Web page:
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Hyping Hawks and Circling Vultures

Rep. John Spratt has joined the chorus of deficit hawks warning us that “massive debt” could bankrupt the nation. (Charlotte Observer, July 17) He and fellow members of the Obama administration’s debt commission are considering ways to cut federal spending to reduce the national debt. Spratt says the commission is committed to “finding a solution” to Social Security insolvency.

This is political fear-mongering, and we should call it what it is. Independent economists tell us that the program is not insolvent and can meet its obligations for the next 33 years. Even then any potential shortfall could be remedied by taxing income above the current limit of $106,000. But the free market crowd see a chance to reduce Social Security benefits, raise the eligibility to age 70 or, worst case, privatize the program.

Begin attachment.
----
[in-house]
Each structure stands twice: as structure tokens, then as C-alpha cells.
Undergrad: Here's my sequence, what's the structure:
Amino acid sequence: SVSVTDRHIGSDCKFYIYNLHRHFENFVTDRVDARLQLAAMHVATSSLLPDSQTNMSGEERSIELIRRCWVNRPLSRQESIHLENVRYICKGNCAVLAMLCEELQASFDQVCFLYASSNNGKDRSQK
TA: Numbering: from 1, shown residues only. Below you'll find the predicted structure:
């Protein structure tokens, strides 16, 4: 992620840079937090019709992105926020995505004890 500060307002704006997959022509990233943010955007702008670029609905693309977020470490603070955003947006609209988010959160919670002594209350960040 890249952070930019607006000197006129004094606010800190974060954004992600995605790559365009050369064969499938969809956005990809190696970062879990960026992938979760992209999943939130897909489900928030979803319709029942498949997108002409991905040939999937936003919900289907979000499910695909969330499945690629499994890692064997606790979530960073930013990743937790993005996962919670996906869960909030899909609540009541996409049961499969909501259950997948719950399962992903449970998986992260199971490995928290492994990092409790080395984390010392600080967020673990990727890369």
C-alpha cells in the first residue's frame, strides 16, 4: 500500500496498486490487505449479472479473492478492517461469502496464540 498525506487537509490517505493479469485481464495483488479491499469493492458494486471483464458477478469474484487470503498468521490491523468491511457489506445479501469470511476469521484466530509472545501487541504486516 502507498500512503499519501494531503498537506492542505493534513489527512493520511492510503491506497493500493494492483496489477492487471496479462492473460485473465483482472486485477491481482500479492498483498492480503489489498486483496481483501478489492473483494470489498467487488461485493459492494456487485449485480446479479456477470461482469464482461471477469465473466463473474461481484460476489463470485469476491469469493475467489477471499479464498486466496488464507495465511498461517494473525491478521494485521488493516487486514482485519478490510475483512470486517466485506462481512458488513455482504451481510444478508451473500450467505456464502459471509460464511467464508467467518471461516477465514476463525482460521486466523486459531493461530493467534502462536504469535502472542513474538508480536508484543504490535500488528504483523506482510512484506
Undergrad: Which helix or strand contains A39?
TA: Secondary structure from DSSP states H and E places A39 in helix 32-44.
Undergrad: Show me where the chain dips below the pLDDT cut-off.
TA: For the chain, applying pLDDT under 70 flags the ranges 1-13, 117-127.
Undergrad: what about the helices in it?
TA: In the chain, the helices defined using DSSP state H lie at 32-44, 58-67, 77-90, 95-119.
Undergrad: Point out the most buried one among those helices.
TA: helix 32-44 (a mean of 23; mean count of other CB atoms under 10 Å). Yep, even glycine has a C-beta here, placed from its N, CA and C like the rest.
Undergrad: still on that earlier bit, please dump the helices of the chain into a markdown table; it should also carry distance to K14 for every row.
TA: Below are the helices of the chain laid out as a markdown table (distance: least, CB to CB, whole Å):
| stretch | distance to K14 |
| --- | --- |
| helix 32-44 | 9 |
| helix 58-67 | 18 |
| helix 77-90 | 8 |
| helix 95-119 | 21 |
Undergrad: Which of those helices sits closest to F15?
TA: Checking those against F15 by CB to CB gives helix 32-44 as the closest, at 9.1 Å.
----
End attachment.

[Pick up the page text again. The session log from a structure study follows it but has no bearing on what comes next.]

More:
There’s a lot of money involved and Wall Street’s finest are salivating at the prospect of getting a piece of it. Social Security is a trust fund. To maintain the trust, the president should remove the program from efforts to lower the national debt. While at it, he should tell the financial vultures to stop circling.

Debt reduction is important in the long term, but there are more immediate problems facing the nation. The most pressing is massive unemployment. Factoring in those who have stopped looking, and part-time underemployed, the rate is around 20-25 per cent and holding. It’s difficult to imagine that the public will accept this as the new normal, but there’s no relief in sight.

It’s odd that neither the Democrats in Congress not the president is willing to take on this issue. Instead of job creation we get political passivity while a stalled economy continues to bleed jobs. Extending jobless benefits is essential, but it does nothing to reduce unemployment or to create new jobs. And unemployment compensation, which literally puts food on the table for millions of Americans, is itself now being linked to debt reduction.